Beyond the individual health risks and quality of life associated with obesity, there is a huge societal and economic burden through the direct and indirect costs it generates.
According to the Australian Bureau of Statistics the total annual cost of obesity in 2008 including health system costs, loss of productivity and carers’ costs was estimated at around $58 billion.
It gets worse. The cost to Australia’s collective well being is $120 billion as estimated by the Herald/Age Lateral Economics Index.
A recent evidence-based report from Obesity Australia in partnership with PwC looked at more immediate costs borne by various key stakeholders including state and federal governments, the individual, employers and health insurers (reduced wellbeing and forgone earnings were not included) and found the total cost of obesity in Australia from 2011 to 2012 was $8.6 billion.
Experts agree tackling the disease of obesity requires a much broader engagement across all levels of society.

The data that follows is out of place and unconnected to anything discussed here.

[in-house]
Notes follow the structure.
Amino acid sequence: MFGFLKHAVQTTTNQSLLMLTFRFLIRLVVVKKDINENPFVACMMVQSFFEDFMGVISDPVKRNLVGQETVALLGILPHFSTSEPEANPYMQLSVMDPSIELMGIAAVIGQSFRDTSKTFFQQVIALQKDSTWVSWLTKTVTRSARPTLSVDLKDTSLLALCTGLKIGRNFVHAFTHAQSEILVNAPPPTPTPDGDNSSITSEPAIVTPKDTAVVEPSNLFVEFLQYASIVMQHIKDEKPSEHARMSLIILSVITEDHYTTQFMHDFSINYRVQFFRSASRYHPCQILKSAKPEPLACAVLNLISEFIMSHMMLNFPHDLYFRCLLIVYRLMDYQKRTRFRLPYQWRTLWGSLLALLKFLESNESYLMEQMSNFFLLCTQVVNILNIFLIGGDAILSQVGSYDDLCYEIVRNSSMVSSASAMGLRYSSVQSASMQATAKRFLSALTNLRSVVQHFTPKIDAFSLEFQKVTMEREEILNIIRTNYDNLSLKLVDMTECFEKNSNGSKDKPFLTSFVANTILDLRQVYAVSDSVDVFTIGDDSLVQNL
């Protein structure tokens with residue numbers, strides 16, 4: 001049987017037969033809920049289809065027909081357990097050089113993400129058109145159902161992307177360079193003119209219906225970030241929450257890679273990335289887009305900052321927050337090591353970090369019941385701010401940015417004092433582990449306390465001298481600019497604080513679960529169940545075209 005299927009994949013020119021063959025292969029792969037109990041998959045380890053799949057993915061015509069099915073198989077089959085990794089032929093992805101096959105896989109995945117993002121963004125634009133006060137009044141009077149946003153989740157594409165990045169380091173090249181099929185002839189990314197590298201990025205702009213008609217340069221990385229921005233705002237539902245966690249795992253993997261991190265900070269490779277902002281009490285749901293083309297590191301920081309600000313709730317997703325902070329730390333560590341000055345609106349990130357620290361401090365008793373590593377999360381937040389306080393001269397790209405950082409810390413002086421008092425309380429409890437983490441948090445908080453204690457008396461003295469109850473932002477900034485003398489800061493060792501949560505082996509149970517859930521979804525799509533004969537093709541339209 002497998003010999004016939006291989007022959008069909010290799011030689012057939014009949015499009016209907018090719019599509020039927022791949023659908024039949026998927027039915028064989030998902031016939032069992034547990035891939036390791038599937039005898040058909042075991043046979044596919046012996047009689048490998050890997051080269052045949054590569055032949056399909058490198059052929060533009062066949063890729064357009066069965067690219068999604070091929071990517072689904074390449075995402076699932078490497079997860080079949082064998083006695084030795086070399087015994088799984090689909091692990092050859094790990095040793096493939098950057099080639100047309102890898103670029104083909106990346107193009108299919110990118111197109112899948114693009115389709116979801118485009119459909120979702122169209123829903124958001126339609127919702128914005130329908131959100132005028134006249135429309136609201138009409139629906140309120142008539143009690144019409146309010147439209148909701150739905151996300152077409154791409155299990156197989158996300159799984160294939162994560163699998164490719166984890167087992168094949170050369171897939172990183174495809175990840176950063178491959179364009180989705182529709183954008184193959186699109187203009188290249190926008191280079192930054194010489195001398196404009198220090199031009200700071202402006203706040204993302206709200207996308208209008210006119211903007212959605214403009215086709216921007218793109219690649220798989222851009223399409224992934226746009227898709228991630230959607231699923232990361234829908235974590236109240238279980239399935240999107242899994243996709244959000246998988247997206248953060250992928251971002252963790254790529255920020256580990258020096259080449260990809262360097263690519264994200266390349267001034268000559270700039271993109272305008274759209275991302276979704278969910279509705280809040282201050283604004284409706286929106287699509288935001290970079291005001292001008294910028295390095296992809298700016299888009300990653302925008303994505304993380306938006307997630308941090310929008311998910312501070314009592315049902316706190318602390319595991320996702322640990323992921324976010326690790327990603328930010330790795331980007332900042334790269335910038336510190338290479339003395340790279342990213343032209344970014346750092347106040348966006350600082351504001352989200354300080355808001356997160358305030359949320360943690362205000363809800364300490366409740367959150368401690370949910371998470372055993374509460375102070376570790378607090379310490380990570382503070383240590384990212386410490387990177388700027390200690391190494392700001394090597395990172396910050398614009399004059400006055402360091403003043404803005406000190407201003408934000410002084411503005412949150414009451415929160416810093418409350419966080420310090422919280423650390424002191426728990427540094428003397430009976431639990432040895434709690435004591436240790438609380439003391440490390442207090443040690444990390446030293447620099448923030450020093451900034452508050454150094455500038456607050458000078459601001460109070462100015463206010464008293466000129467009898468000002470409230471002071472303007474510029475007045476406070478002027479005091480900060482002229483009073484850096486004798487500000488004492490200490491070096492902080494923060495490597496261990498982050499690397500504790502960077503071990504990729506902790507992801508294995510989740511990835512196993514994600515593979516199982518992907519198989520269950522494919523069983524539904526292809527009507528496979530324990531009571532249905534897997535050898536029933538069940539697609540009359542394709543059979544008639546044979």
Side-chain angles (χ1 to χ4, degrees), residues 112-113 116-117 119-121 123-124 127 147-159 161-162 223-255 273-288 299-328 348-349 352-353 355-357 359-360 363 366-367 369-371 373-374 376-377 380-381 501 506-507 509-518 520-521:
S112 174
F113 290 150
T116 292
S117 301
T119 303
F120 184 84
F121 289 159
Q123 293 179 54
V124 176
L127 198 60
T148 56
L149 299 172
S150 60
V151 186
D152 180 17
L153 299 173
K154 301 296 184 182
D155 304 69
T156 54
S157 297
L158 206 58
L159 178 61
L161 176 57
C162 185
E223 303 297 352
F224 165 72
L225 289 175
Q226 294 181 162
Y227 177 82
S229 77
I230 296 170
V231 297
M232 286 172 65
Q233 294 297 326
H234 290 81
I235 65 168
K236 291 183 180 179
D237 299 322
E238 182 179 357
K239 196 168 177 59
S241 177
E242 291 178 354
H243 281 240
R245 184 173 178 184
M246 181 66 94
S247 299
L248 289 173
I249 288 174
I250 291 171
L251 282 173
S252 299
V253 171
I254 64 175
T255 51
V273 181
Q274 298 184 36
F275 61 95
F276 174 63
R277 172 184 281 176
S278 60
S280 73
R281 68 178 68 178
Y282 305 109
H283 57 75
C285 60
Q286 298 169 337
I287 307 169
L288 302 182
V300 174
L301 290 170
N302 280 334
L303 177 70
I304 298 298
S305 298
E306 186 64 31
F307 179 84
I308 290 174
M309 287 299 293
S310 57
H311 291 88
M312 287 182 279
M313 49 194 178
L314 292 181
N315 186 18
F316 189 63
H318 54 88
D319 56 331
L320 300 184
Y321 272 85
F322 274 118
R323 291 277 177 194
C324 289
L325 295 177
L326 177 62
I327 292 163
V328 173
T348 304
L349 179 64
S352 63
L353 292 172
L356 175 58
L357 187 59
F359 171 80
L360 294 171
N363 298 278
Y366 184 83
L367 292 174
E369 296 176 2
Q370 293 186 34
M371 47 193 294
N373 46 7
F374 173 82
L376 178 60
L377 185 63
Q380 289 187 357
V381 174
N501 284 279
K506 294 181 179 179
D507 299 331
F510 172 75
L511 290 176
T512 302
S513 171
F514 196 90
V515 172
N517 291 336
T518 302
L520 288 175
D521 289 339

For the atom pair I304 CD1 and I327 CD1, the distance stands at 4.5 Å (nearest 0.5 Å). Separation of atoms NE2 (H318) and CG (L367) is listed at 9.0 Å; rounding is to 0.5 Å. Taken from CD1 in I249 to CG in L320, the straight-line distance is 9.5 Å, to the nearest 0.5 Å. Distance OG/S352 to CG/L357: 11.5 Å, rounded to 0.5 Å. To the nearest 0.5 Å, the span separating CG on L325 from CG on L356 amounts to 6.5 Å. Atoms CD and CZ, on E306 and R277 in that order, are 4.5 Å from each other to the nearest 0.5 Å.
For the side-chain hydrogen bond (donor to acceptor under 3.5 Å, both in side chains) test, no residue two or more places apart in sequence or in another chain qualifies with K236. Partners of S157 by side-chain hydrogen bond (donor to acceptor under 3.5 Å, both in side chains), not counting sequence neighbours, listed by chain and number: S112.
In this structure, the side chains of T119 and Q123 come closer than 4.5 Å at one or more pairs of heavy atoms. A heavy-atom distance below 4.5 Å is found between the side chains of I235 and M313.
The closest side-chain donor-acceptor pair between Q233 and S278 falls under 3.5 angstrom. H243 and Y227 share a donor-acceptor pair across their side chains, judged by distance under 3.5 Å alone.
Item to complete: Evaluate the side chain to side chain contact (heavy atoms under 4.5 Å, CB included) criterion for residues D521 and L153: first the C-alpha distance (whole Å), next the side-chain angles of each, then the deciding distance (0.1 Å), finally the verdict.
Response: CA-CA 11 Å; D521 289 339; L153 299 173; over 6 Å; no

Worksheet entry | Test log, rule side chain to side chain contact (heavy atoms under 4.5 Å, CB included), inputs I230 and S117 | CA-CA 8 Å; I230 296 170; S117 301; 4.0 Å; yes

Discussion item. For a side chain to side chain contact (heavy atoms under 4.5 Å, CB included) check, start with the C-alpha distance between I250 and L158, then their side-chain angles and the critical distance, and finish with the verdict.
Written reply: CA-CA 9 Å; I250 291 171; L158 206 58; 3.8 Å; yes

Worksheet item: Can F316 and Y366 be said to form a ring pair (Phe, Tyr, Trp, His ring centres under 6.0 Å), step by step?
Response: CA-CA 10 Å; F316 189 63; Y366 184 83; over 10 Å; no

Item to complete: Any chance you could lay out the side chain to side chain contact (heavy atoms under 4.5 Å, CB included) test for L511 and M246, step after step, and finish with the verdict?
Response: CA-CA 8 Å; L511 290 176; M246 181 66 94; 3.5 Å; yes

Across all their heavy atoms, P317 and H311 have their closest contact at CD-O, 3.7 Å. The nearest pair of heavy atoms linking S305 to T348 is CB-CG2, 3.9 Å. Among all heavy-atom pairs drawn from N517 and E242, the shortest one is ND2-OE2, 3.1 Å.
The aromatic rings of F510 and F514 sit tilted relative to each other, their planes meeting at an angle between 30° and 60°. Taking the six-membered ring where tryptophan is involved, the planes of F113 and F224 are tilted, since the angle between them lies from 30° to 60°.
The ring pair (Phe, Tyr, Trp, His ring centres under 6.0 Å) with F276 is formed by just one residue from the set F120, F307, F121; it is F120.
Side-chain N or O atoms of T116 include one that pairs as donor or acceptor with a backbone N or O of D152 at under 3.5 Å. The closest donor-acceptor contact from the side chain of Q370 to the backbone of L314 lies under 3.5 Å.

“Easing the individual and societal burden of obesity requires a multidisciplinary approach — behavioural, pharmacological, surgical and above all environmental changes are needed,” Professor Stephen Simpson, academic director at The Charles Perkins Centre told The Huffington Post Australia.
If you are overweight or obese, you are twice as likely to have depression. You are at higher risk of comorbidities associated with obesity and as a result, visit both the hospital and GP more than a non-obese person.
The PwC report showed while the situation of obesity in Australia is dire, long-term and cost effective intervention will save us money.
Direct costs including general practitioner, allied health, hospital care, pharmaceuticals and weight loss intervention made up $3.8 billion while the indirect costs including absenteeism, productivity and government subsidies made up $4.8 billion. To read more click here.
The 3rd Annual Australian and New Zealand Eating Disorders and Obesity Conference; Issues of the current day will be held at Mantra on View, Gold Coast from the 16 – 17 May 2016.
To register for the conference CLICK HERE. Early bird registrations close on Monday 4th April.